3. the games had to be fun, regardless of the initial talent or ability of the player. Hardcore games tend not to be much fun for newbies; ask anyone who's ever tried to get into Counterstrike and gave up after a few tries. Even though the game was popular, its community quickly became hermetic, making it hard for newbies to enter and learn how to play well, as the game itself had a steep learning curve. Contrast that with Wario Ware on the Gamecube, which can be picked up by almost anyone, and even the players who aren't as good will find the game exciting and fun, and because of that, these players are more likely to climb the learning curve up to a point where they're competitive.
So, what's going to happen to game design, when Wii proves that it can reach more people through its innovations? That's the revolution in the console's codename.

We'll see more and more games that use as simple a control scheme as possible, using as few distinct buttons as possible. Most of the gestures the Wii-mote recognizes will be the movements that come naturally to most people. For example, jerk the controller upward to jump, swing it like a racket to hit a tennis ball, point it at the screen to select or shoot something... Even the more complex gestures will seem easier to perform than all the special moves fighting game fans have become used to, which most casual gamers can't perform.

We'll still see some violent games, as that still has a wide appeal, but the shelves won't seem to be filled with such games quite as much as before. Less violent games are now less likely to use violent or sexy imagery on their covers or in their advertising, and there will be more focus on showing that the games are actually fun and easy to get into. The games that don't do this will just hit the same old gamer audience and rarely reach anyone outside of it.

More games will have smoother learning curves, and more people are going to have fun playing games, possibly with fewer thrown controllers and frustrated gamers. Some gamers are going to complain that games are getting easier, but in the end, the games will be more fun, and there will be more people playing them, so that all those hardcore games which many casual gamers find much too challenging to enjoy will start to sell less in comparison to games where it's easy to get far into the game without having to replay the same little bit dozens of times to get it perfect. Games that wish to keep the hardcore gamers in their audience, while appealing to the the rest of the now expanded group of all gamers, will instead place some very special challenges into the games for those who want a more intense challenge. An early example of this can be found in Super Metroid: the game isn't that hard, and most gamers who played the game didn't have that much trouble completing it, but finishing the game with 100% item collection, and in under two hours got the "best" ending, even though it wasn't much different from the other endings.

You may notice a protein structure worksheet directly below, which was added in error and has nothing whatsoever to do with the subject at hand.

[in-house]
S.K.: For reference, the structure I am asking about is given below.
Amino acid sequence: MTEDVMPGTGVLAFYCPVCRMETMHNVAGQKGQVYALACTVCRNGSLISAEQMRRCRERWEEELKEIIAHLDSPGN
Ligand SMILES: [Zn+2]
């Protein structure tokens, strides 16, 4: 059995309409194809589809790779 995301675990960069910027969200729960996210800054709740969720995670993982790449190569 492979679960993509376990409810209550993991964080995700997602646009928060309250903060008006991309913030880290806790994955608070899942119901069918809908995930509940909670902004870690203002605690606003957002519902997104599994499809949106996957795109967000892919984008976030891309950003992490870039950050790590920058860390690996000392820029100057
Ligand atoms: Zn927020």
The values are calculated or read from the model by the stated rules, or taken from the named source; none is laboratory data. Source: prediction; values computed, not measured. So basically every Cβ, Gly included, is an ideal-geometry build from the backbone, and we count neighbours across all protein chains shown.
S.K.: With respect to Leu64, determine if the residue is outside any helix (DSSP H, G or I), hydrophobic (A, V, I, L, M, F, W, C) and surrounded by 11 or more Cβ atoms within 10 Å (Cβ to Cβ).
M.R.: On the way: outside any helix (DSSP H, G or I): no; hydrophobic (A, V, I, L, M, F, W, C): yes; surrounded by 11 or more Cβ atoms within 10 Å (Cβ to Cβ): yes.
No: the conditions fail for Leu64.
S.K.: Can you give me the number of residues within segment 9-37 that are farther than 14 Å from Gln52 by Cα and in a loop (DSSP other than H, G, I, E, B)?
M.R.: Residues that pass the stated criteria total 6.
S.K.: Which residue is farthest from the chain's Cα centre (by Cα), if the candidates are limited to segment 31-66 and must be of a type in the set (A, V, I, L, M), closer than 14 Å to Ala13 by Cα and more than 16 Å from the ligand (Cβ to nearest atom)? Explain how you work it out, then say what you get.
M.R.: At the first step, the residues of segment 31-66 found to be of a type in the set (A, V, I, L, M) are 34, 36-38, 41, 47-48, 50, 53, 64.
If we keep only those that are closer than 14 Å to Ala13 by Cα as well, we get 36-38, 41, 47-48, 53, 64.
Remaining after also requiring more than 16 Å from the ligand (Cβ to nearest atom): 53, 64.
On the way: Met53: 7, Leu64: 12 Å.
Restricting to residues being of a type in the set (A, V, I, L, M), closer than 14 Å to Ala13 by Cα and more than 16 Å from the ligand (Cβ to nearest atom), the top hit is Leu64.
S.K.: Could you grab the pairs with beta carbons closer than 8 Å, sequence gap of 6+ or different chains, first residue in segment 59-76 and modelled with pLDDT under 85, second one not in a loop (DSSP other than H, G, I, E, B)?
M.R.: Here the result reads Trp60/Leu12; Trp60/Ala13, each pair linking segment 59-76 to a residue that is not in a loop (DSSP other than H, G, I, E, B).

The last, big consequence of the Wii release is that developers will be forced to innovate, simply because the old control schemes won't work without some retooling, and because most good game designers will see the potential to make their games more intuitive. This innovation may temporarily alienate part of the hardcore audience, but these people will join back in once they have a chance to play the games.

After all, even hardcore gamers just wanna have fun.